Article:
Claire Fuller’s Bitter Orange: A novel of memory and obsession

Bitter Orange, the fruit, is not what it seems; looks sweet and plump as an orange but it’s almost inedible and sour. Characters in Claire Fuller’s breathtakingly atmospheric and cleverly structured novel are in a way very similar to bitter oranges.

Mother always said that I was a girl who liked order, to know what would happen next.

says Frances, the heroine of Bitter Orange. It’s the summer of 1969. Dealing with the recent the loss of her mum, she travels to an estate in Hampshire; Lyntons, to create a report of the estate’s architecture. There she meets Peter and Cara, an attractive couple with a very noticeable peculiarity.

Frances Jellico, unmarried, unloved, gets obsessed with this husband and wife. She discovers a hole in the bathroom floor, a Judas hole, she prefers to call it, and watches them. But there is a mist of mystery around Peter and Cara. The reader will scrap the polish following the red flags, Peter and Cara are not what they claim to be.

I loved this novel. It’s one of my favourites of the year. The story stars with Frances as an old woman and she is looking back the summer of 1969 from what seems as a death bed. Fuller reveals very little of why and where Frances is and she structures the story in most skilful way, injecting parts with old Frances talking about the past to the main story, we learn what happened that summer and what is actually wrong with Peter and Cara consecutively without getting distracted and disconnected from the novel.

The atmospheric love triangle set in a old and rambling country house deeply affected me. Right after the moment Cara and Peter walks into the story, the reader is destined to realise there is a wrongness in them.

Peter, wearing his pyjamas, sat on the edge of the bath, which shone where the water had been drained, while Cara, in her underwear, bent over him. She pressed his cheek with one hand so that he tilted his head away from her, and with the other she scraped a razor along the side of his face. After every stroke she moved back to wave her hand in the soapy water that filled the sink. He was motionless, only his eyes following her while she worked. Each of her movements, the press of her fingers on the skin of his face, the upward slice of the blade, was precise and focused. I’d had no idea that the act of shaving could be so intimate.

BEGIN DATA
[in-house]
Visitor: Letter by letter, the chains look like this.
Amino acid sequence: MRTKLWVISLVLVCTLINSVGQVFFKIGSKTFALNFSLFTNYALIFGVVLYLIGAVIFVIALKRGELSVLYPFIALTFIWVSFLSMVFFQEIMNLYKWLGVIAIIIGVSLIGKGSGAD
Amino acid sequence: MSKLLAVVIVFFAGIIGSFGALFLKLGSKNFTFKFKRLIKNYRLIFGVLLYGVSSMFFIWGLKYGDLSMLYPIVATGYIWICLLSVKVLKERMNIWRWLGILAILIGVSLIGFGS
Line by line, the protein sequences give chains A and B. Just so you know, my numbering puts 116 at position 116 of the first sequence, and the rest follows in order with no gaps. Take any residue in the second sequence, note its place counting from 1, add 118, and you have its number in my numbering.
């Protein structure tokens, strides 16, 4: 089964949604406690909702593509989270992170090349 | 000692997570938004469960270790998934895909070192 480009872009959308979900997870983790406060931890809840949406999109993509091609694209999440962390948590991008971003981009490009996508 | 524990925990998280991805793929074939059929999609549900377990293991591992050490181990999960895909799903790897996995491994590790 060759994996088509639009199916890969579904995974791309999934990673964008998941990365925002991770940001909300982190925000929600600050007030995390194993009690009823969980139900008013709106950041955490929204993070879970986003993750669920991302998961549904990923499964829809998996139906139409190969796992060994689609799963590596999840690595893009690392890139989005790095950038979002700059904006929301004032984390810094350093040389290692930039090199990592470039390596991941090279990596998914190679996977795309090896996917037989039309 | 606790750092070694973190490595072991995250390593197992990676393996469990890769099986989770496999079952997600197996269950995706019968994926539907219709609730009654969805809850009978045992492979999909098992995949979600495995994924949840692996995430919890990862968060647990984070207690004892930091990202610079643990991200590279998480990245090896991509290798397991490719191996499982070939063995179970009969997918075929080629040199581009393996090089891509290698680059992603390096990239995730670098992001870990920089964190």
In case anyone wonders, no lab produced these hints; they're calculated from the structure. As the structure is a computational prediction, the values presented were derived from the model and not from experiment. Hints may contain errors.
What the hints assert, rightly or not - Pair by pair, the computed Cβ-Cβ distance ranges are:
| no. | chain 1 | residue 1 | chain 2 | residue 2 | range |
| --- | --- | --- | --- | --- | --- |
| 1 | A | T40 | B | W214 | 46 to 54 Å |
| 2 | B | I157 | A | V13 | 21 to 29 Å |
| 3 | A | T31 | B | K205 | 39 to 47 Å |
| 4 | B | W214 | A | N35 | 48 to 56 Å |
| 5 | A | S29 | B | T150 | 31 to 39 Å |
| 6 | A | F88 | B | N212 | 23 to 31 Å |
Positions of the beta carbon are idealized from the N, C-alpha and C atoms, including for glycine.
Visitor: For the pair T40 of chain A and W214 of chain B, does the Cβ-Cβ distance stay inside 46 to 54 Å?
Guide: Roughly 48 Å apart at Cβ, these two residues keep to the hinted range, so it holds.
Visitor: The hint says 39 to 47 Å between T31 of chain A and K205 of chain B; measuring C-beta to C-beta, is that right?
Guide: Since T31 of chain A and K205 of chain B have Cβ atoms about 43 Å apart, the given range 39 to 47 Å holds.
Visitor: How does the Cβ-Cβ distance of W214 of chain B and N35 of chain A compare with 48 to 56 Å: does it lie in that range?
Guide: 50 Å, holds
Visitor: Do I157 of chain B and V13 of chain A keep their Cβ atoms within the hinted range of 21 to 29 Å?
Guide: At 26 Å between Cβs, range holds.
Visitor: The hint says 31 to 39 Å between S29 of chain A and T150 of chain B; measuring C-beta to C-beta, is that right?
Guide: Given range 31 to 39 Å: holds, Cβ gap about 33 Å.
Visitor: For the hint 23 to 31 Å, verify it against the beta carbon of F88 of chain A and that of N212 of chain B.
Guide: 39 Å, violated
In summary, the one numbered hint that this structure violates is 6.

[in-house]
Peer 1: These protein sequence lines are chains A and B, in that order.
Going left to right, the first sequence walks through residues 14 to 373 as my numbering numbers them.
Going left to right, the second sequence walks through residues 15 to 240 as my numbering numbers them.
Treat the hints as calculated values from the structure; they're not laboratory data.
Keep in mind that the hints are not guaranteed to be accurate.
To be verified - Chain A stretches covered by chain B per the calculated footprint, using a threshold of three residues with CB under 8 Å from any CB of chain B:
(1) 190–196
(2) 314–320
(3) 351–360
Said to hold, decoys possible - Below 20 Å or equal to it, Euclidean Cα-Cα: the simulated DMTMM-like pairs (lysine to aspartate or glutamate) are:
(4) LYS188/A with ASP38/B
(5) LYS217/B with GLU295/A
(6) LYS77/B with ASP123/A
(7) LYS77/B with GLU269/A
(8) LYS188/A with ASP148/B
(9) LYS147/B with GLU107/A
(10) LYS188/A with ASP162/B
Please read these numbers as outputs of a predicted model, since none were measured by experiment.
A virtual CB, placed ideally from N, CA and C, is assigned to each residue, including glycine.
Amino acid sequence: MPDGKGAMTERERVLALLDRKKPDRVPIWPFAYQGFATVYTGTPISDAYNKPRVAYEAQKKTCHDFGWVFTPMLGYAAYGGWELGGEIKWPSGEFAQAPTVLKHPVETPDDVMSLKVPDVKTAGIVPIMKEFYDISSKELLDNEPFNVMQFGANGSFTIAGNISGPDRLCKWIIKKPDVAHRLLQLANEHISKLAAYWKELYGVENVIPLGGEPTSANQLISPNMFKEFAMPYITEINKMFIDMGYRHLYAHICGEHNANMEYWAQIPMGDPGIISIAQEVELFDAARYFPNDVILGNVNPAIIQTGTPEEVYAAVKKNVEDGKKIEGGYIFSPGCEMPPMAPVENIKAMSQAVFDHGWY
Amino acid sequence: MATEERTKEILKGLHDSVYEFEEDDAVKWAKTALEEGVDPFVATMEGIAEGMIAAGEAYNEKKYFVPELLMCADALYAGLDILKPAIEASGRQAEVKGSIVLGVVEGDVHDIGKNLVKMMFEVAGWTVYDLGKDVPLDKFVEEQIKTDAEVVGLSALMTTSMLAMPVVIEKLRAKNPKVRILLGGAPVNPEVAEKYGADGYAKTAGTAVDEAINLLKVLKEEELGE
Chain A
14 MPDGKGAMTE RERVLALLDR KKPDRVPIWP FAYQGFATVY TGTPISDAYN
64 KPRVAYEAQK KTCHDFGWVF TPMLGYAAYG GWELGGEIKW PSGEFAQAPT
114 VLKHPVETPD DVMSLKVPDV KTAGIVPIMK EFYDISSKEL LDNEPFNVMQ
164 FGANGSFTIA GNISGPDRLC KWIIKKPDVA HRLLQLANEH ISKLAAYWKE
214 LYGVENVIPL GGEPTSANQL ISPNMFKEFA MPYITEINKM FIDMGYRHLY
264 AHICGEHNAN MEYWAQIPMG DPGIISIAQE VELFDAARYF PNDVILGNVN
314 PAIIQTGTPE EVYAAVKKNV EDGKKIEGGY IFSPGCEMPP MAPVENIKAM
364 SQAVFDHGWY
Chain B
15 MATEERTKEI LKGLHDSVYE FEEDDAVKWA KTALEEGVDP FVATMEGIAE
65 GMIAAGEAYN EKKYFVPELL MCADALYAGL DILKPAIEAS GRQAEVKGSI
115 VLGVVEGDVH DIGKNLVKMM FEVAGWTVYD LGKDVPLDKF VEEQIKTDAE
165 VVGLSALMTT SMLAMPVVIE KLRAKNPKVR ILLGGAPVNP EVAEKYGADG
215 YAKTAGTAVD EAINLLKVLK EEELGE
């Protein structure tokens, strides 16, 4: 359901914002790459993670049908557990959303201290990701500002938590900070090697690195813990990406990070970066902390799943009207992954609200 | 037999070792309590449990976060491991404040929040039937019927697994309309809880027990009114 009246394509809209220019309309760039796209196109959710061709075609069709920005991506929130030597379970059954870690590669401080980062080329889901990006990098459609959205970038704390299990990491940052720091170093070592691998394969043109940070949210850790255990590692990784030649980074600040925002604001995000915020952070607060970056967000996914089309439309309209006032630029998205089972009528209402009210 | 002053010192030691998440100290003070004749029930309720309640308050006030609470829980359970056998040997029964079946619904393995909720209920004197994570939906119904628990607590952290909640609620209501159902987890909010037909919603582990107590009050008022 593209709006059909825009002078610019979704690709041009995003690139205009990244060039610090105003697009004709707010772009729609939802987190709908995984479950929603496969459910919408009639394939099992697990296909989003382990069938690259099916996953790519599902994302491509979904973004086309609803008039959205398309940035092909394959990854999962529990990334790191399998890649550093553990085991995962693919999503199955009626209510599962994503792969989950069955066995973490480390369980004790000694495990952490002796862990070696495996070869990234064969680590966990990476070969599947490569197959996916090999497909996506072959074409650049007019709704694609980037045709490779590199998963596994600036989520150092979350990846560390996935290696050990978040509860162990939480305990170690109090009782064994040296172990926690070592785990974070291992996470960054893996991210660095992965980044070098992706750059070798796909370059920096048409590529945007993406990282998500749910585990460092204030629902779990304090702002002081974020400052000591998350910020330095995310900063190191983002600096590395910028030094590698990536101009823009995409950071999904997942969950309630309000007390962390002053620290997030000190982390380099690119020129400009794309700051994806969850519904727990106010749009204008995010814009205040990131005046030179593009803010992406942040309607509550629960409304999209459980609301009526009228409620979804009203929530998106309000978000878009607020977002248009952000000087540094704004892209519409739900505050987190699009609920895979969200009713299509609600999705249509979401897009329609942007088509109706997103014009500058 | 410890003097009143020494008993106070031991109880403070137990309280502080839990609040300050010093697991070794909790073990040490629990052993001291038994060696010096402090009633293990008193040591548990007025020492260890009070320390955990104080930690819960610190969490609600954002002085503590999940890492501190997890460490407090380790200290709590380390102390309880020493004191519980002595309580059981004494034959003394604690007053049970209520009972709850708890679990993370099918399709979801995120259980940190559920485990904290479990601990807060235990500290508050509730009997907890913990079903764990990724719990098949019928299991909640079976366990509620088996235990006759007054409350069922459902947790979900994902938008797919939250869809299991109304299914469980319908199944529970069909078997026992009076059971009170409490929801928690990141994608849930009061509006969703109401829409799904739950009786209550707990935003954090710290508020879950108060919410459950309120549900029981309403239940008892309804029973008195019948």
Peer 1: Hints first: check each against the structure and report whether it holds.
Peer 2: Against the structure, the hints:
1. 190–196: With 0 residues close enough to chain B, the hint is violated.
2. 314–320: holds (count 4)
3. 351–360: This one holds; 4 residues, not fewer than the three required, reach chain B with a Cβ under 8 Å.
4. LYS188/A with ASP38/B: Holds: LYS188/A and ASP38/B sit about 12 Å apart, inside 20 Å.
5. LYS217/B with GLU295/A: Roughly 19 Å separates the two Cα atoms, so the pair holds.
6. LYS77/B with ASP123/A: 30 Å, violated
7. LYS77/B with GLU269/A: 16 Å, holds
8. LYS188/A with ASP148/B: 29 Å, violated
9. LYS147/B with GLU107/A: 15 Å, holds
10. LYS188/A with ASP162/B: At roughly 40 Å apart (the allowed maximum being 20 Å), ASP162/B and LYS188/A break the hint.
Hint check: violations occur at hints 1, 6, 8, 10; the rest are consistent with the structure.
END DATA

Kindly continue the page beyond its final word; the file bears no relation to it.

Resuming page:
The scenes between the two are cinematographic and Fuller takes the reader in Frances’s shoes, we feel how she ends up getting charmed by this superficially normal couple. Frances is the voyeur, watching, she is shy and innocent, dormant for Peter and Cara on the surface but also a tool to move their fault lines.

I am a voyeur, the person who stands at the police tape watching someone’s life unravel; I am in the car slowing beside the accident but not stopping; I am the perpetrator returning to the scene of the crime. I am the lone mourner.

I loved the difference and the likeness between Cara and Frances; coming from different backgrounds, equally mad and shy to one another, they are both haunted by the past and memories.

There is a conversation between Peter and Frances:

Both of you are always looking backwards, when you should be looking forwards to the future.’‘But everything we have, everything we are, is created by the past,’ I said, surprised at his angry tone.

One of the scenes hinting that Peter is the one who wants to look ahead in this novel, and the females have clung on to past, they cannot leave the charm and curse of it- and the ending, Frances flooding with memories fits faultlessly with the novel’s premise.

The disturbing love triangle between Peter-Cara-Frances was beautifully done. Fuller was able to operate on all 3 characters and the reader will be absorbing their psychological state in the story. I was amazed by this as usually novels like this focus on one character and doesn’t invest in others.

The descriptions of the old house was absolutely spot on and I was transported to Lyntons during my read. I am curious if Fuller has been studying old houses, if yes, I would love to know which ones she used, to wrote those scenes in Lyntons.

Sometimes it’s better not to tell. Don’t you think? says Frances at one point in the novel, and maybe it’s the core of this story. I was amazed how easily Fuller constructed this puzzle of characters, memories, unfortunate events and mistakes together, forming a layered novel that puts a spell on the reader. It’s a shame Bitter Orange didn’t make it to Man Booker 2018 Long list. Definitely a novel that deserves many awards, as you rarely find a book that has both structure, plot and characterisation beautifully done at the same time.

5 stars from me.

You will like Ian Mcewan’s Atonement if you like this novel, or vice versa.


Thanks to NetGalley and Penguin Fig Tree for a copy of this book in exchange for an honest review.

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